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Gallium3D's LLVMpipe Is Much Faster With Mesa 9.2

Mesa

Published on 10 July 2013 12:28 PM EDT
Written by Michael Larabel in Mesa
17 Comments

This morning I posted new Radeon Gallium3D - Mesa 9.1 vs. Mesa 9.2 benchmarks, which showed the upcoming Mesa release performing nicely for AMD APU graphics. However, what is the performance like the software-based LLVMpipe driver that is commonly being used in fallback situations where there is no GPU hardware driver available? It's generally a lot faster now for handling OpenGL.

The performance of Gallium3D's LLVMpipe driver has generally been quite limited since OpenGL after all is meant for running on GPUs and not CPUs, but up until more Linux desktops have become expecting OpenGL support, it was mostly used as a tool for having a vendor-neutral code-path for debugging Mesa/Gallium3D issues. More recently, the LLVMpipe driver has been seeing more improvements along with the more general areas of Gallium3D, and as well the upstream LLVM project that this software driver relies upon for taking advantage of modern CPU instruction set extensions and other modern capabilities.

When running some Mesa 9.1.4 Git vs. Mesa 9.2 Git (master) benchmarks yesterday of LLVMpipe from an Intel Core i7 3960X "Sandy Bridge" EE system running Ubuntu Linux and having LLVM 3.3, I was quite impressed with the performance improvements.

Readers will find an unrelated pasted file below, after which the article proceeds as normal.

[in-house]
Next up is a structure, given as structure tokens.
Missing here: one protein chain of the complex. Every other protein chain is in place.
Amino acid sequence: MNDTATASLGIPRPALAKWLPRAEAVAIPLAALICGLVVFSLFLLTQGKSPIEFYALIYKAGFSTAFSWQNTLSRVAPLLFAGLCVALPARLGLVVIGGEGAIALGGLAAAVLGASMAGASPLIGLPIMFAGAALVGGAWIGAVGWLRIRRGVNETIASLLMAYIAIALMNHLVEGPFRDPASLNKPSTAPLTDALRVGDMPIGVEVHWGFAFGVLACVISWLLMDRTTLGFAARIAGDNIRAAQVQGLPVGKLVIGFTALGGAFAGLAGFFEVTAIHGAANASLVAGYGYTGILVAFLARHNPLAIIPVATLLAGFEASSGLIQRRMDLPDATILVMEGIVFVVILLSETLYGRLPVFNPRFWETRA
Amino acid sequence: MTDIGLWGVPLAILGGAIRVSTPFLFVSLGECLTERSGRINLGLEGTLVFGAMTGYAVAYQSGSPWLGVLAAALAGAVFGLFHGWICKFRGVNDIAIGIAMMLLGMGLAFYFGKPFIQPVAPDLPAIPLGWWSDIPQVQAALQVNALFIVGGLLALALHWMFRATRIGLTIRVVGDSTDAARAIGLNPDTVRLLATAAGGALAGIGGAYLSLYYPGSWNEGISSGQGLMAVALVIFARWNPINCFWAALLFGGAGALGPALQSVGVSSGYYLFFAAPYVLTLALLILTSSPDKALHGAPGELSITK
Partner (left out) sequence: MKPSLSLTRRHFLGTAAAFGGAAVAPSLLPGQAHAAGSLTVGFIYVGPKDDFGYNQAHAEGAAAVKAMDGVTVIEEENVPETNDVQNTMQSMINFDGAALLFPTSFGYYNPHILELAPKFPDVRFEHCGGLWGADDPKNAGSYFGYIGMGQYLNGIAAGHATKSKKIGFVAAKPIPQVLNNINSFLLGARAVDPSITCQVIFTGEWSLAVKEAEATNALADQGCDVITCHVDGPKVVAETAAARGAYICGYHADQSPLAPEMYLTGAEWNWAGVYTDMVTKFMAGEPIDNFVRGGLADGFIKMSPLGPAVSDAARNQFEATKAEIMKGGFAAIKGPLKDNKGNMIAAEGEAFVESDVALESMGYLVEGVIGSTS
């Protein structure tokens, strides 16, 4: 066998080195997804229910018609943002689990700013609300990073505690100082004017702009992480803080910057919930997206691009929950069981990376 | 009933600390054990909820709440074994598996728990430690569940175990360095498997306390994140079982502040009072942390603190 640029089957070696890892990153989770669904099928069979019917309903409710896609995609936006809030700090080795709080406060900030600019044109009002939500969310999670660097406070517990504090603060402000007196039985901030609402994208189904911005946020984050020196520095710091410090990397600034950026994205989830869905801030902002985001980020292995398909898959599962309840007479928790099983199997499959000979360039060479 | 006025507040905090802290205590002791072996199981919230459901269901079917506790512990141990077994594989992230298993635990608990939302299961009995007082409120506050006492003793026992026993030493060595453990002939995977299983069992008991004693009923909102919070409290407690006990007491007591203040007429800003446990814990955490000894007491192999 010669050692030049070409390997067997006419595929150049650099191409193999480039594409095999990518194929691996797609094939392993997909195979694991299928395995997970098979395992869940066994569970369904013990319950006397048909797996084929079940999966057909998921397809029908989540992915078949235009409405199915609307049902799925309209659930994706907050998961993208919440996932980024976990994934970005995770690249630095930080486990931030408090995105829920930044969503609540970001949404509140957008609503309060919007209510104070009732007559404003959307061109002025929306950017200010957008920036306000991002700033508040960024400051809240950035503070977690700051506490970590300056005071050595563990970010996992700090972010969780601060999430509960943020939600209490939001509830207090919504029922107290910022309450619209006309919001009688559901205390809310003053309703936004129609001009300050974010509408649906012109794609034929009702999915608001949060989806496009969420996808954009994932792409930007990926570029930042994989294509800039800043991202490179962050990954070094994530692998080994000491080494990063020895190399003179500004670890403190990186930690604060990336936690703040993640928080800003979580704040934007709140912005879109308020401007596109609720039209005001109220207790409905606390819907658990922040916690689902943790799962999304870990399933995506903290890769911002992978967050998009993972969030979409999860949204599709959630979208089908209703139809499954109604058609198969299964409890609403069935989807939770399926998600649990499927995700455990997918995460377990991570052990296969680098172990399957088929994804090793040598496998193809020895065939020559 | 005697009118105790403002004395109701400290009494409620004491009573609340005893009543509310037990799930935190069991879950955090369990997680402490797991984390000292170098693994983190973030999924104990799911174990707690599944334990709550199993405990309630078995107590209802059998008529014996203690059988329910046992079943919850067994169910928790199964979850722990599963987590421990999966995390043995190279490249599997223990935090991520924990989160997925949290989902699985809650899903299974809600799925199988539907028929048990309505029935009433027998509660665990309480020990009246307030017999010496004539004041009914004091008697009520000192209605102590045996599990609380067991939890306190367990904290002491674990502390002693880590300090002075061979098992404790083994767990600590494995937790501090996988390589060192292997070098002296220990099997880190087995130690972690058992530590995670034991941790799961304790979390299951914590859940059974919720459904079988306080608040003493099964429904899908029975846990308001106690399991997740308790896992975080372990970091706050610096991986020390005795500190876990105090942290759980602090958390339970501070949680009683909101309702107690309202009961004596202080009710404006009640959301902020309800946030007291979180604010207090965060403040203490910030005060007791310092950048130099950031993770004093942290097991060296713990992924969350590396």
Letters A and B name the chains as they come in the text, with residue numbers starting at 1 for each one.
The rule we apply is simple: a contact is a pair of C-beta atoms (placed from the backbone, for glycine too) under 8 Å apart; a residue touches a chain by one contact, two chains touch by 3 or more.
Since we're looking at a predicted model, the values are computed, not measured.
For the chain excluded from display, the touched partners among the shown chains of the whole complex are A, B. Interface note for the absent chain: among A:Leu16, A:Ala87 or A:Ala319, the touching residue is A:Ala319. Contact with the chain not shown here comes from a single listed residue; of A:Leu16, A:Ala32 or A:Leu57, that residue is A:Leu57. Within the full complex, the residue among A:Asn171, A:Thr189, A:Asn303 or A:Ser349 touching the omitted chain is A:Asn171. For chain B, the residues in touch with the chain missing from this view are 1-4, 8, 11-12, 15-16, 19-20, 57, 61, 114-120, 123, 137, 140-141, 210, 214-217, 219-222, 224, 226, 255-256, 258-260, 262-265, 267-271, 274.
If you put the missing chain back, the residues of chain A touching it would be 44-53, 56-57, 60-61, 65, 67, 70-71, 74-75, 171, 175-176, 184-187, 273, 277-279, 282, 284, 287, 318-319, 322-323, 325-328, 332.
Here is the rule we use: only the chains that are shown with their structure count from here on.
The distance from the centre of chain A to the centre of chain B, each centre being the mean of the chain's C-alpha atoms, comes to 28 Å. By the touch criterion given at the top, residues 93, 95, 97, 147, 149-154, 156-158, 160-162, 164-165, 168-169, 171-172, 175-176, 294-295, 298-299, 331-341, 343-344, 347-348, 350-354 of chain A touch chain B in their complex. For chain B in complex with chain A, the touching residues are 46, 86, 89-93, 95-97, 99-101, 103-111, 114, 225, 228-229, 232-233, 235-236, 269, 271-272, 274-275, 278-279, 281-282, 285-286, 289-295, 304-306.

All of the results in full and the hardware/software information can be found in the OpenBenchmarking.org 1307103-SO-LLVMPIPEM53 result file, embedded below is just a teaser.


About The Author
Michael Larabel is the principal author of Phoronix.com and founded the web-site in 2004 with a focus on enriching the Linux hardware experience and being the largest web-site devoted to Linux hardware reviews, particularly for products relevant to Linux gamers and enthusiasts but also commonly reviewing servers/workstations and embedded Linux devices. Michael has written more than 10,000 articles covering the state of Linux hardware support, Linux performance, graphics hardware drivers, and other topics. Michael is also the lead developer of the Phoronix Test Suite, Phoromatic, and OpenBenchmarking.org automated testing software. He can be followed via and or contacted via .
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